By Alan Rathe, Ph.D., DWS Professor
The Robert E. Webber Institute for Worship Studies

If ministry in alienation does anything, it leads us unceremoniously to the end of ourselves.

Dr. Alan RatheFretting on my couch, I shook my head. My call to ministry was coming into focus, and I didn’t like it one bit. I thumbed anxiously through my Bible,  desperate for a word of hope. Instead, the word I got was angular and strange: “exile.”

Still, the passage from Scripture that God pressed into my heart (Jer 29:4-14) was oddly comforting. It continues to speak to me in surprising ways.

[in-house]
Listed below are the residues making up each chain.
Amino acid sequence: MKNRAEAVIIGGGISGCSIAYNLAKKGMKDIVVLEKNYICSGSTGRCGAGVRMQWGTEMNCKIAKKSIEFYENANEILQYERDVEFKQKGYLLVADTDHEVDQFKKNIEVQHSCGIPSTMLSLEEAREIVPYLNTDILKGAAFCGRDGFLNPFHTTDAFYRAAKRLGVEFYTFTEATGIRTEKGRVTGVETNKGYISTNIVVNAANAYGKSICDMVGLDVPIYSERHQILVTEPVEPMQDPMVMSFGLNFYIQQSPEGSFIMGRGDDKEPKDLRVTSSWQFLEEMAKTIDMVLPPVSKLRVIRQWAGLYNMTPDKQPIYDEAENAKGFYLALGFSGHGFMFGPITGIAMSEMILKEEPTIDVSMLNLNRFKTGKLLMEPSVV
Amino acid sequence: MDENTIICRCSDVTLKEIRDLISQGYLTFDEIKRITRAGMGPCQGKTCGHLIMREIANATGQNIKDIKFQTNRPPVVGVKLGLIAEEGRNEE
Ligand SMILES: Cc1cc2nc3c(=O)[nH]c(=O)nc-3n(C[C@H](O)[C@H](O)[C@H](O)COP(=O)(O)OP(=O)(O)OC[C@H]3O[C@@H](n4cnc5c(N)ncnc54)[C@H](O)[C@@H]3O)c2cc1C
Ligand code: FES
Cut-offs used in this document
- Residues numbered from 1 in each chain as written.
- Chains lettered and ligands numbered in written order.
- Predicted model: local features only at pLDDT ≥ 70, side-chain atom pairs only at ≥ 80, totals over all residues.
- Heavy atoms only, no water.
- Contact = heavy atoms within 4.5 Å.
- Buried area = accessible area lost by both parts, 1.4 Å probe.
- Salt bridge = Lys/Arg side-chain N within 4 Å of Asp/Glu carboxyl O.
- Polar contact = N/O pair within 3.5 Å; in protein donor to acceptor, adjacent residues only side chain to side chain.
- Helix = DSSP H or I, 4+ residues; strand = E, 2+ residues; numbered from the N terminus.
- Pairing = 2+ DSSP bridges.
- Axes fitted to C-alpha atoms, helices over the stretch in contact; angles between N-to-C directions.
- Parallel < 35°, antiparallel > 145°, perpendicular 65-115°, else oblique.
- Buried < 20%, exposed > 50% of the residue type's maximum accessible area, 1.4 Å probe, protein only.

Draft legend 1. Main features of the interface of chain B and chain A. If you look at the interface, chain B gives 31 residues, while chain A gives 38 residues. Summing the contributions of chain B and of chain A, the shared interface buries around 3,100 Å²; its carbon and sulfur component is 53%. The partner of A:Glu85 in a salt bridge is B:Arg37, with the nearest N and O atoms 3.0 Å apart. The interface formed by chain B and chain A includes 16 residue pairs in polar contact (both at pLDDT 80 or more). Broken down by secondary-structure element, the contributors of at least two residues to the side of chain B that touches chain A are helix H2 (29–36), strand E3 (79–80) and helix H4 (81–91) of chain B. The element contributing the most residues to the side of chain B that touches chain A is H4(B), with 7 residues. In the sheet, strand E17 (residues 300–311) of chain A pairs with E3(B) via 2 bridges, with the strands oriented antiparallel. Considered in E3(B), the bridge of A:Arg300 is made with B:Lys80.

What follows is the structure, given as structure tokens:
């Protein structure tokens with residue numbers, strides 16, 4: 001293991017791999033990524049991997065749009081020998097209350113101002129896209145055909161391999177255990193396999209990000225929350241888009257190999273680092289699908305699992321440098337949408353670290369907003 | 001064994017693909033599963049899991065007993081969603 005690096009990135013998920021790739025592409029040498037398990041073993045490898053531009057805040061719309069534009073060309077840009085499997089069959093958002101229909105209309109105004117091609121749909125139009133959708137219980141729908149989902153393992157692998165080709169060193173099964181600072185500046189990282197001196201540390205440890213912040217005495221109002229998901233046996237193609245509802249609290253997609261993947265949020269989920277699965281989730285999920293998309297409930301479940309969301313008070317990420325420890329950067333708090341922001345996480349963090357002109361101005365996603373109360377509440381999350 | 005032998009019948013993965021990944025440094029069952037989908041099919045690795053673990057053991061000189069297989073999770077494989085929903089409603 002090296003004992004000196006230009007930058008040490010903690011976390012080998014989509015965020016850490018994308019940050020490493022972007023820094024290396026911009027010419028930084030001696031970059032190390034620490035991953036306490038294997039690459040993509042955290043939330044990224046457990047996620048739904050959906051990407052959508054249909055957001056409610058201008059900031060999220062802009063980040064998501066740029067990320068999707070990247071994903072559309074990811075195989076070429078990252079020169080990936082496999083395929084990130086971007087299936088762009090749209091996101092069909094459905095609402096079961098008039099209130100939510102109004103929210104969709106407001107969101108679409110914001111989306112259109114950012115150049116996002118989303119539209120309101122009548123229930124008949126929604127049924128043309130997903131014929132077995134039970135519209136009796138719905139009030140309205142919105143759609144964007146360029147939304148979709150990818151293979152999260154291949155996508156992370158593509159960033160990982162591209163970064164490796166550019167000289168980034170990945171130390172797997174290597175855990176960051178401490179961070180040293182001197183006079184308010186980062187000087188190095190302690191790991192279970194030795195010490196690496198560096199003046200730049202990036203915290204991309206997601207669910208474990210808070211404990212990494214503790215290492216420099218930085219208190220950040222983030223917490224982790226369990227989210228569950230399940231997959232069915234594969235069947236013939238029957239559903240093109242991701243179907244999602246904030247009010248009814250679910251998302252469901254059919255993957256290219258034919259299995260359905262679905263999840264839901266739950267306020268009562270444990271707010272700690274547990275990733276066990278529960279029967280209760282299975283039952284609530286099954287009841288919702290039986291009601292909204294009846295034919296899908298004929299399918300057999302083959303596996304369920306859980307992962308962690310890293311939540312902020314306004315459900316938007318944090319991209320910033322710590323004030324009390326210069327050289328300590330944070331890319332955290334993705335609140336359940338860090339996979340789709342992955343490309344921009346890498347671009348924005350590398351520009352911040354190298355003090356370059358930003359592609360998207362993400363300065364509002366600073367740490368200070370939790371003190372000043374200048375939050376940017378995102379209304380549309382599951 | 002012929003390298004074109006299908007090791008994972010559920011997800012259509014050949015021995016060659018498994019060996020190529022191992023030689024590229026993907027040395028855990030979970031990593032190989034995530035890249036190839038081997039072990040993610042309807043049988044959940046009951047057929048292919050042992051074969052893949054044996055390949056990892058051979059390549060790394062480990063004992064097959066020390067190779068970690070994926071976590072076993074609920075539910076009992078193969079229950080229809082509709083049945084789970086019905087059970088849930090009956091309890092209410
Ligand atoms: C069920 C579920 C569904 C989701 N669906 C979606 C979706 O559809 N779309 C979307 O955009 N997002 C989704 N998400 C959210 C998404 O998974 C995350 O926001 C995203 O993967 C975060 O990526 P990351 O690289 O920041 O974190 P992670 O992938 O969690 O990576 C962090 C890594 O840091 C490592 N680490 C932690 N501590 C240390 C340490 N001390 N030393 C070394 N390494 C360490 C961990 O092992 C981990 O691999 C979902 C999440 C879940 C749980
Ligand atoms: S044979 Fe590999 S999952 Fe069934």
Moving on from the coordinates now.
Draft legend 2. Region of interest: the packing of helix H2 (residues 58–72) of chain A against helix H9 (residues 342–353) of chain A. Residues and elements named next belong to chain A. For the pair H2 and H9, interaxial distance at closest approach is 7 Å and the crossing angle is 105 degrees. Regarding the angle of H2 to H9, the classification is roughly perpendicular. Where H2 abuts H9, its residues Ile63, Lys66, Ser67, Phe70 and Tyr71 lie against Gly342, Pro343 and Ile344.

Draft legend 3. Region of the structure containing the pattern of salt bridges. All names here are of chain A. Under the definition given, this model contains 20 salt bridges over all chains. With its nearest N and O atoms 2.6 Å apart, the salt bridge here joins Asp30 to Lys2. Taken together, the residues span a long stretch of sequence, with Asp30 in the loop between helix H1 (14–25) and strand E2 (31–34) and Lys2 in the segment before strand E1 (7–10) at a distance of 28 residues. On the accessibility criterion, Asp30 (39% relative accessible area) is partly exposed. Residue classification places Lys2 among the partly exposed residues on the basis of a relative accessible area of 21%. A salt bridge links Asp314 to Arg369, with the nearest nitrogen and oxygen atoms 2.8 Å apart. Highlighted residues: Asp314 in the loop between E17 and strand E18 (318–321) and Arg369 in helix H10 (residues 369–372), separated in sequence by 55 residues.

Forgive me for breaking the news: ministry is tough. It can be glorious—but it can also be grueling. Excessive expectations, strained relationships, Alice-in-Wonderland moments when nothing seems to make much sense—and all this on a salary that adds insult to injury. Best to check your ego at the door.

It was those classic, encouraging words that lured me in:

For I know the plans I have for you, declares the Lord,
plans for welfare and not for evil,
to give you a future and a hope (Jer 29:11 ESV).

It has not been, however, this comforting promise that has kept me afloat—but rather its discomforting context: the prospect of long-term exile. I understand that equating Christian ministry to Babylonian captivity sounds defiantly ungrateful. But it’s really just the opposite: I’ve found myself welling up with thanksgiving as I’ve owned my identity as an exile. And along the way, four themes from Jeremiah 29 have helped me greatly.

  1. Alientated
  2. All in
  3. Alloyed
  4. (After)

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